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Concept of personal development: Compassion April 11, 2014

Posted by Dennis Mellersh in Concept of personal development.
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Personal growth experts often suggest that in order to acquire a virtue or positive behavioural attribute we need to perform positive actions within the definition of the attribute.

So, if we want to develop the personal quality of compassion we should perform acts of compassion. The more compassionate acts we perform, the more compassionate will likely become.

However, an additional approach to becoming more compassionate is to use logic to:
(a) Understand our lack of compassion (and the presence of resentment and prejudice [prejudging]);
(b) Become more compassionate; and
(c) Substantially reduce, and ideally, eliminate our prejudices.

If we understand the reasons for our lack of compassion and the reasons for the presence of our prejudice against certain situations or groups of people, then we will be more successful in correcting our overall attitude and behaviour.

One example of a lack of compassion, and the presence of prejudice might be in the often prevailing attitude that any kind of financial assistance to poor people should be used by them only to buy the “necessities of life” and not for any “frivolous” purposes.

The influential 18th essayist, moralist, and literary critic Samuel Johnson (1709-1784), commented however that there is a logical reason why people in constant financial stress might want some luxuries. He did not see their desire for enjoyment as a deficiency of character. His comment also reveals some of the meanness that can be present in our minds – meanness caused by a lack of understanding.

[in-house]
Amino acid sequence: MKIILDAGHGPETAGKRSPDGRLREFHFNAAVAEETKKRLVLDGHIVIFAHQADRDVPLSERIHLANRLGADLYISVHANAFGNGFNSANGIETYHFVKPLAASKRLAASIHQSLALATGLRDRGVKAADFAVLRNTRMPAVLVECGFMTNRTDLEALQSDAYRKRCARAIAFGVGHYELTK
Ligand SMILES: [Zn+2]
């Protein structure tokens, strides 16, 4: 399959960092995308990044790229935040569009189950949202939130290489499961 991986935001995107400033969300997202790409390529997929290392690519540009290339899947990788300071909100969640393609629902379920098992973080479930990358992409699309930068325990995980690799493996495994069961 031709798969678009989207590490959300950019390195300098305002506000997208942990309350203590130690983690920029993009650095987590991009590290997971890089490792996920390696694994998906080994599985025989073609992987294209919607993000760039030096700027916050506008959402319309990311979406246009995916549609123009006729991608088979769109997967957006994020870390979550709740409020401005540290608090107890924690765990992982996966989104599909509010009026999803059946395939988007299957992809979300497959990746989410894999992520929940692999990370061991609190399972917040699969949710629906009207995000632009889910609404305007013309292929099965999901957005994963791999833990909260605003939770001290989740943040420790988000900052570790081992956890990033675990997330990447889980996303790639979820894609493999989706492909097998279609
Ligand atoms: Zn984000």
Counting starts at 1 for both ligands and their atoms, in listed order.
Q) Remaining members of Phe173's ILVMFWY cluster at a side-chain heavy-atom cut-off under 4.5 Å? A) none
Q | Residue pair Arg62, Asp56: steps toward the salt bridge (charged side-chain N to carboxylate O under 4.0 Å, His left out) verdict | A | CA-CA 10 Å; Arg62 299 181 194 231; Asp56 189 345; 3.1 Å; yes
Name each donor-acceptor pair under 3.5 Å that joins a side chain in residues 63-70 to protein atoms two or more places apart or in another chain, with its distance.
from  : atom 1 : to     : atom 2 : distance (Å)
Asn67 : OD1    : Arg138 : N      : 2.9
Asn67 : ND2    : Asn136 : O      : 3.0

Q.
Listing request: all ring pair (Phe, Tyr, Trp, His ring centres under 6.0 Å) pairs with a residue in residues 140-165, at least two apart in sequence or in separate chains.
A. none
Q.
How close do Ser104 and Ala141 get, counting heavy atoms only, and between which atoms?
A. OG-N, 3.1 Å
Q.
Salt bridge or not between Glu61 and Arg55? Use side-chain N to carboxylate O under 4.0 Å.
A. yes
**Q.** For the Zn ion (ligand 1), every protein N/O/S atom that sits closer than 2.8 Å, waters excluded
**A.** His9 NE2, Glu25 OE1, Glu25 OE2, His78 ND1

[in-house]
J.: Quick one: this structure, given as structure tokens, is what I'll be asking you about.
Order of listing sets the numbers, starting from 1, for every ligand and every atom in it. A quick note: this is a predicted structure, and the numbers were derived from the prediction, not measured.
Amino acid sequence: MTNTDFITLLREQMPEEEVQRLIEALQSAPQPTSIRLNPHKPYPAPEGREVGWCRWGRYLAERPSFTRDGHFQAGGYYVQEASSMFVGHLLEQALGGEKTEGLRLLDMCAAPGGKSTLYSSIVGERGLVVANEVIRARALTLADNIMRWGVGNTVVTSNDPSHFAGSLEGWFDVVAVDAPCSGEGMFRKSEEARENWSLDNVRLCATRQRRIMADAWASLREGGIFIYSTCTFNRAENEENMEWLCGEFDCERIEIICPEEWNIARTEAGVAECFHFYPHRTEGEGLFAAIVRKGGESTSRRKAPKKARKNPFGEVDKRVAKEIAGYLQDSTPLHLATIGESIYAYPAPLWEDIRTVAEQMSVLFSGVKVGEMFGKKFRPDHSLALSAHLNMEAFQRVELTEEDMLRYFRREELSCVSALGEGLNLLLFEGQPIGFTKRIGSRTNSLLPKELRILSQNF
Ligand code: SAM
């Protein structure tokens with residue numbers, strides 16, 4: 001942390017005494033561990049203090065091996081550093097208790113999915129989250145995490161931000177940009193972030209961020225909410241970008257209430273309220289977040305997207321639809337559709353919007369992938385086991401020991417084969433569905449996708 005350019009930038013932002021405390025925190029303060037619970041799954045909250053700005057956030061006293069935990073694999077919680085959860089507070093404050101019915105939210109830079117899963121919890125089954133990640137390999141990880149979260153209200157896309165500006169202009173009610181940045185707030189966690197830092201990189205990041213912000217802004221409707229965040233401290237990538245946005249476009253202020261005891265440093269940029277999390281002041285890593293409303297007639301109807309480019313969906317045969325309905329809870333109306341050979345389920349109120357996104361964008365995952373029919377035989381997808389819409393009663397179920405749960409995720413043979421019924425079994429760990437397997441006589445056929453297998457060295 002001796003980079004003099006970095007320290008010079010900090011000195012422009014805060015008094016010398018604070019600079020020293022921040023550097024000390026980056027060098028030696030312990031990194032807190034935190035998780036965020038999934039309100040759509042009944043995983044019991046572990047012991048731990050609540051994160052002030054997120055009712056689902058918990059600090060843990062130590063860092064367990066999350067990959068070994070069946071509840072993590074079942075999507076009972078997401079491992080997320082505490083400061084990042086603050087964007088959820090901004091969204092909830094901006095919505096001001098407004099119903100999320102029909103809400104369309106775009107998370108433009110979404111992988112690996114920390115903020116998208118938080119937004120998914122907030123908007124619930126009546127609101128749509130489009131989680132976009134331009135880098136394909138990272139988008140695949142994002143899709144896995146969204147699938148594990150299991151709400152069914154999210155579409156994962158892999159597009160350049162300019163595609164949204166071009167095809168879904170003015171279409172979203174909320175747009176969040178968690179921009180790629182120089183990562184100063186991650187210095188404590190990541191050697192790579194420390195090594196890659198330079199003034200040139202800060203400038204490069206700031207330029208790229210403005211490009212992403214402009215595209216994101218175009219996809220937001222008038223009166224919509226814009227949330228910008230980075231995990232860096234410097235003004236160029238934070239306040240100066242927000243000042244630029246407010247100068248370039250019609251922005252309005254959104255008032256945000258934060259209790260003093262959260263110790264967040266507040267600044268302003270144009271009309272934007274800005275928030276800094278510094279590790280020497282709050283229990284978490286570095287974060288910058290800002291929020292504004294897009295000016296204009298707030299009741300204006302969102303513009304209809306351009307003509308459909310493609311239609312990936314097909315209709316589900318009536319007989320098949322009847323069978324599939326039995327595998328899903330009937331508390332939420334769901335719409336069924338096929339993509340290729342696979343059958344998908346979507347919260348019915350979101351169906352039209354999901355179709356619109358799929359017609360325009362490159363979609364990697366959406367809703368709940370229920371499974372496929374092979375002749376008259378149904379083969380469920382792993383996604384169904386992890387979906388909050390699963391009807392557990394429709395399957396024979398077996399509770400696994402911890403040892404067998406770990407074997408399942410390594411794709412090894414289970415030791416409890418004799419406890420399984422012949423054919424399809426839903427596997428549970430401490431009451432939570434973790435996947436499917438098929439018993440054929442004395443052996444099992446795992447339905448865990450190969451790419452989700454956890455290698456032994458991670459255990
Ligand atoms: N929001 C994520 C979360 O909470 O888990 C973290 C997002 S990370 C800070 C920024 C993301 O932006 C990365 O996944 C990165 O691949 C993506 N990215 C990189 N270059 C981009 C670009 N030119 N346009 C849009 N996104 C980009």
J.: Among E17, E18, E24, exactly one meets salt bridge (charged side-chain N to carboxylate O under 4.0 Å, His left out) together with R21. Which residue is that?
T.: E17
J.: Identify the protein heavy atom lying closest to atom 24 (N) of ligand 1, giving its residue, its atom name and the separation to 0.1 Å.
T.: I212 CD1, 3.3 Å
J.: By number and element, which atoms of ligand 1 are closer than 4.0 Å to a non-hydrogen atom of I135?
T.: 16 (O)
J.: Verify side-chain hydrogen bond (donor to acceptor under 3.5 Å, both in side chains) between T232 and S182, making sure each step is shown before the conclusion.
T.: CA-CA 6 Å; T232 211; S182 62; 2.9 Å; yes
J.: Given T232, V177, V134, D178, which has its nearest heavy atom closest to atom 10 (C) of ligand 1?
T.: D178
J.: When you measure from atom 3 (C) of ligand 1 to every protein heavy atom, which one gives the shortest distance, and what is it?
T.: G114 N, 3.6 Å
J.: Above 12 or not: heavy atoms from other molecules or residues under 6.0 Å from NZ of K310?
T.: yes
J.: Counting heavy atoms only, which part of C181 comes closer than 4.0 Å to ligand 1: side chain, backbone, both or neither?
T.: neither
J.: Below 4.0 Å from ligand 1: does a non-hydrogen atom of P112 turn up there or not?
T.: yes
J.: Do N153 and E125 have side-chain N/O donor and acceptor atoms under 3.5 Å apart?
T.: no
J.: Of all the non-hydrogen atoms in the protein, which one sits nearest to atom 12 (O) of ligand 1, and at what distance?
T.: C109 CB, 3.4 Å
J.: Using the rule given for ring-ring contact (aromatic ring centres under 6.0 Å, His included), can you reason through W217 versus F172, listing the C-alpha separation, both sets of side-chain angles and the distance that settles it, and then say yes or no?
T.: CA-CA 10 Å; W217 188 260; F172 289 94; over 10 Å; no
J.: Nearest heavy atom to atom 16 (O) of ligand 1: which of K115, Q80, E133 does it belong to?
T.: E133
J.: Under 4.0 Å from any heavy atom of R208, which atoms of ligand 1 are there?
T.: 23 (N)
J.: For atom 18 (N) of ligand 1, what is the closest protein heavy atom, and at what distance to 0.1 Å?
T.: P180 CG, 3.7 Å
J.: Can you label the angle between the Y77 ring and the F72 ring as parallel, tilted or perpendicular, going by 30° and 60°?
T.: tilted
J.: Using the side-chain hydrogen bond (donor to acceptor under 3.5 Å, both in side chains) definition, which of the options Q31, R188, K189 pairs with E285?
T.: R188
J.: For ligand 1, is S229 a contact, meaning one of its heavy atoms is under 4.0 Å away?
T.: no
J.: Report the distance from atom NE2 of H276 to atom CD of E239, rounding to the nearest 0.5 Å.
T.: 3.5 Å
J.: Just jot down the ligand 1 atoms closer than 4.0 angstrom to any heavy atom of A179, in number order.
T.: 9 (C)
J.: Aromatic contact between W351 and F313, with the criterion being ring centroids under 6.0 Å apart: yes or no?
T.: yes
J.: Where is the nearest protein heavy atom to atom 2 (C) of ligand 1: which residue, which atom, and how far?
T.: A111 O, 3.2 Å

“Life is a pill which none of us can bear to swallow without gilding; yet for the poor we delight in stripping it still barer, and are not ashamed to show even visible displeasure if ever the bitter taste is taken from their mouths.” (*)

Perhaps we can also apply logic to achieve better understanding of our other prejudices, and thereby increase the probability of our becoming more compassionate.

(*) Samuel Johnson: A Biography, John Wain, The Viking Press, New York, 1975, 388 pages

Further reading

A Wikipedia article on Samuel Johnson can be found at:

http://en.wikipedia.org/wiki/Samuel_Johnson

 

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